Lying on the table, under the white felt blanket, my father was foremost on my mind. Today would have been his birthday; the first one since he passed. The last year and a half had taken its toll on my body, with a cancer diagnosis, several ensuing surgeries, and months of chemotherapy, not to mention the death of my father. In preparing for this post-cancer healing session, it had crossed my mind as to whether it was wise to book a session on this day, the date of his birth.
The Reiki practitioner stood over me to begin, so I closed my eyes. Enjoying the quiet peace of being cared for, I drifted inward with my thoughts.
My father’s Dutch accent penetrated my mind instantly. His gravelly voice was so clear it startled me.
“Bernice, you have to write the book,” he said. “You have to tell our story.”
Hot tears welled immediately and rolled down the side of my face, wetting my hair. “No, Dad, I can’t. I am too afraid. I can’t write. I don’t know how to write a book.”
“You have to write the book, you must tell the story. People need to hear it.”
As I kept insisting No, fear flooded through me like a foaming angry river that seemed to bounce around my insides, like the rocks on its bed. I knew what he meant. He meant write the story of Paul and our family, a thought that had nudged me every so often for many years now, but one that I had pushed away.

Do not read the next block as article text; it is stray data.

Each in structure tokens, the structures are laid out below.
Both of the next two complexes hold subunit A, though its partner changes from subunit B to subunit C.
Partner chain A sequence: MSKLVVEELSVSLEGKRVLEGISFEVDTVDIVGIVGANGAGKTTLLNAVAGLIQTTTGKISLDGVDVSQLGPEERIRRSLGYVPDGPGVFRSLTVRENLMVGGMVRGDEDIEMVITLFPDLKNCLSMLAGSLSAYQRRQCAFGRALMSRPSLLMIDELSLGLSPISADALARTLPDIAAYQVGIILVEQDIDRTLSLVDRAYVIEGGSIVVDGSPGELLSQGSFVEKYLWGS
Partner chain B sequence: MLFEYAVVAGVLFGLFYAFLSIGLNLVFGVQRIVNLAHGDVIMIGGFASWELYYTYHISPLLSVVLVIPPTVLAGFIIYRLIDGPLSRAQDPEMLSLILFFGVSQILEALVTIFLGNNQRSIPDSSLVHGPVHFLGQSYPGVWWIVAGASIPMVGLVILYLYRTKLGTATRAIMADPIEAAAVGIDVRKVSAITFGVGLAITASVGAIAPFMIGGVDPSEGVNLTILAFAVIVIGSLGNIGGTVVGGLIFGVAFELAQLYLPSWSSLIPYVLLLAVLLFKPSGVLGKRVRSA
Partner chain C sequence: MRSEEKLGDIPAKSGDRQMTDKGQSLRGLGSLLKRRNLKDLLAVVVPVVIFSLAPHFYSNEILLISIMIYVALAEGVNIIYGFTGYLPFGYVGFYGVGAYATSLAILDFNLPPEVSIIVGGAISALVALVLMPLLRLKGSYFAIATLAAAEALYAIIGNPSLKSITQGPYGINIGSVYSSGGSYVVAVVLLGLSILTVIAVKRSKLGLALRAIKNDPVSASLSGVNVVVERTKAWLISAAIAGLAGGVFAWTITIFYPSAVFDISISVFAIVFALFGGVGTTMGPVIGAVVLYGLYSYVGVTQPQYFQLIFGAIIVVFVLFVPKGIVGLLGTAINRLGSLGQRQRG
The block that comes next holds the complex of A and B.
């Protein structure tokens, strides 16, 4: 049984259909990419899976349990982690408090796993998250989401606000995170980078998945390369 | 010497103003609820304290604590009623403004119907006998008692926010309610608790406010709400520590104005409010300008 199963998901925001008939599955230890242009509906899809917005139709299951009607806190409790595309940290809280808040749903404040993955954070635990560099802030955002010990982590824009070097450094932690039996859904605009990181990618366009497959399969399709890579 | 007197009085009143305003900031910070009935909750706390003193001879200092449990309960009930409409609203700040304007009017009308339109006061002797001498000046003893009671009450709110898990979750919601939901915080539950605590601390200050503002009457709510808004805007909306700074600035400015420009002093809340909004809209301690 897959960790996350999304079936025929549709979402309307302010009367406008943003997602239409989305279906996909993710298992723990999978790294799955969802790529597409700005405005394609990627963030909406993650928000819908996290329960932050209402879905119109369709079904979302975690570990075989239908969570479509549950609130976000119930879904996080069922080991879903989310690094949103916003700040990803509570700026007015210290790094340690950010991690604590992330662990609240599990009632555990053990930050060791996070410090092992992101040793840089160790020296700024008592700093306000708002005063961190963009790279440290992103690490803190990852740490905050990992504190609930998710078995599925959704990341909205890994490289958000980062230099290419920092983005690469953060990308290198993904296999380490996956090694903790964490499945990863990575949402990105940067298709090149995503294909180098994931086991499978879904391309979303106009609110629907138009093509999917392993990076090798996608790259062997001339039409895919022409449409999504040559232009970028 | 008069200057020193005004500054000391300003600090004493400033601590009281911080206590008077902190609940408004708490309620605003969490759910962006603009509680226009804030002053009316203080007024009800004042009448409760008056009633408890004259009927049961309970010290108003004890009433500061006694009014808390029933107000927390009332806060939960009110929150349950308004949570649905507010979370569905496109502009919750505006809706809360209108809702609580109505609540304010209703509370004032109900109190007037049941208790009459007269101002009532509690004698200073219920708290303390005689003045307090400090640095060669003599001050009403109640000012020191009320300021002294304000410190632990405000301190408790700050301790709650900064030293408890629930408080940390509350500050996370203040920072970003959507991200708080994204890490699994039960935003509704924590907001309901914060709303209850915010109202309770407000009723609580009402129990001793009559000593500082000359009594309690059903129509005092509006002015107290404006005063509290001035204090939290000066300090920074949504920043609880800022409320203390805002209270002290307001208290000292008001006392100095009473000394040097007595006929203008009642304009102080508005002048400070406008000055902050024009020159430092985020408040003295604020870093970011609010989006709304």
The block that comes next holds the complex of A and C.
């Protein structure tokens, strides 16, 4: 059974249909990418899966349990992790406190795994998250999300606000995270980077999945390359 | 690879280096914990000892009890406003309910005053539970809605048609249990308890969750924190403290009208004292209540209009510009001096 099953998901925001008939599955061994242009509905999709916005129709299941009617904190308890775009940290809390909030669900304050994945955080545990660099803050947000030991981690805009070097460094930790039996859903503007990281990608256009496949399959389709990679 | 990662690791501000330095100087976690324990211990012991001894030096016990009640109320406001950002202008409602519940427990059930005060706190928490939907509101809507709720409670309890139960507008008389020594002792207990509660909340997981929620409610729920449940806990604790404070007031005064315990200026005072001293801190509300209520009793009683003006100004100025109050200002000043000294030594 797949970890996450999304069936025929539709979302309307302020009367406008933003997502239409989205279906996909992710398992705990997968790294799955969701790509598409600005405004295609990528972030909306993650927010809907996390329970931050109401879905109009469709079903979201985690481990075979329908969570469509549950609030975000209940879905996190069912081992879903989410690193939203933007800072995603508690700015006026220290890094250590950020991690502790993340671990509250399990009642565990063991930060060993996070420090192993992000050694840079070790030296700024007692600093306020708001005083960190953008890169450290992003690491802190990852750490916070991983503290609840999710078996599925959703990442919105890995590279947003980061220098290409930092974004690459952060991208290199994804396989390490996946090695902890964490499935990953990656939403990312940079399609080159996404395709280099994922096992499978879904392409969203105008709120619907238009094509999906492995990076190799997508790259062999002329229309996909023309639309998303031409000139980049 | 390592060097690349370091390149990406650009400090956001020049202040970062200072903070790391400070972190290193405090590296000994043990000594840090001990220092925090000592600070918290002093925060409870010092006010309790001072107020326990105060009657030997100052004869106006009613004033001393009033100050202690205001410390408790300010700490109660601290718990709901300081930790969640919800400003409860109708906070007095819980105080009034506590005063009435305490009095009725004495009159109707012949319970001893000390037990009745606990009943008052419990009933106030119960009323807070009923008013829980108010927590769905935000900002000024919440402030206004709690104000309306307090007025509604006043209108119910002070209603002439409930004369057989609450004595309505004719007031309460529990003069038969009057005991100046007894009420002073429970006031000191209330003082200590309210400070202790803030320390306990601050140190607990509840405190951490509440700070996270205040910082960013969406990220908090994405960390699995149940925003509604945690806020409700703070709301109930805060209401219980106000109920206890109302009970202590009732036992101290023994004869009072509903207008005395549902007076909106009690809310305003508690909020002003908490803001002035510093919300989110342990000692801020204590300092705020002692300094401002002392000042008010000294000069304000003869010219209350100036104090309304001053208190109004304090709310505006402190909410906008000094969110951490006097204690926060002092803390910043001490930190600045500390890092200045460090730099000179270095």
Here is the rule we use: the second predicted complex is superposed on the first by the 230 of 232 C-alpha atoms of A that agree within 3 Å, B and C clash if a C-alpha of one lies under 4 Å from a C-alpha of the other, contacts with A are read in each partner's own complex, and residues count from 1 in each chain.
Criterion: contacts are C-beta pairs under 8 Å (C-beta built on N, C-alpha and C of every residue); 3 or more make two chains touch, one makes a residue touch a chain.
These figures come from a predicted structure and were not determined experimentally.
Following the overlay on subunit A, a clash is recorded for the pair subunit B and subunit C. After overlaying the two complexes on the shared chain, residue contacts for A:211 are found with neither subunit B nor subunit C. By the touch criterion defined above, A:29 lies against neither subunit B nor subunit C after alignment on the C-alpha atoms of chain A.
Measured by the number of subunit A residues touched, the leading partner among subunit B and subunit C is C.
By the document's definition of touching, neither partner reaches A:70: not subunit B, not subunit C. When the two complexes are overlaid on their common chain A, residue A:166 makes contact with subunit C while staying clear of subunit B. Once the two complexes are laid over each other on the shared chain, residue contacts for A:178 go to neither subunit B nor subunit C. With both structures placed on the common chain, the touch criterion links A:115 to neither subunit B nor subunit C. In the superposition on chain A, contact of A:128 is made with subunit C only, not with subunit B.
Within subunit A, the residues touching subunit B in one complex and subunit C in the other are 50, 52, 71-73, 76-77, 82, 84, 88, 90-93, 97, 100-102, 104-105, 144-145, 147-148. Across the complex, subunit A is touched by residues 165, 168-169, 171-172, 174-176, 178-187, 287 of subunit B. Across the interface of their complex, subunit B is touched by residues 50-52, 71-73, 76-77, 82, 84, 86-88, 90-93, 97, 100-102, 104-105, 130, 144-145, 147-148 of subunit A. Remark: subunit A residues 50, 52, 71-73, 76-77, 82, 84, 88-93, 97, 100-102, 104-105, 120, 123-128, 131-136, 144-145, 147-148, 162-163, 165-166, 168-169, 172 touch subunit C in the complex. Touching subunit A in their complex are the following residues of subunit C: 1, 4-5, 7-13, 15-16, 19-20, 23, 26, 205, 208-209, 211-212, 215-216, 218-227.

Leaving that Reiki session after having been completely immersed in my fear, I made the decision to write. I reflected on how alone I had felt growing up and how I hid my brother Paul. I wanted to reach out to others who may be struggling in the same way. Reading a story such as this would have helped me feel not so isolated, and better able to navigate my feelings surrounding the whole situation.
Sometime before that, and a while after my father had passed, I found them. Hidden in a tattered shoebox amongst black and white photos, a marriage certificate, newspaper clippings, baptismal papers, death notices, and various other documents—I had found a stuffed 9.5 x 6.5-inch manila envelope on which my mother had written:
Each line was written with a slightly changed scrawl using a different pen due to being added at the time of our births.
Opening the envelope and reaching inside, a collection of loose, yellowed pages in a variety of sizes appeared. Some were lined, others plain. Some were torn from a spiral-bound notepad, while others had a straight edge that clearly came from a gum-bound pad. Each page had a date penned in the upper right-hand corner, ranging from October 1958 to September 1966: the years my siblings and I were young.
All were written in Dutch in my mother’s meticulous hand. Leafing through the pages and scanning the contents, I recognized an occasional word, but most were as foreign as the language. I could speak conversational Dutch, but I had never learned to read it. Carefully, I had tucked the pages back into the envelope, making a mental note to find a translator.
It took some time, but I finally received the English copies of my mother’s letters in December 2011, shortly after I started writing this book. They seemed like the perfect addition to Paulie and Me.
Author, Bernice Ranalli
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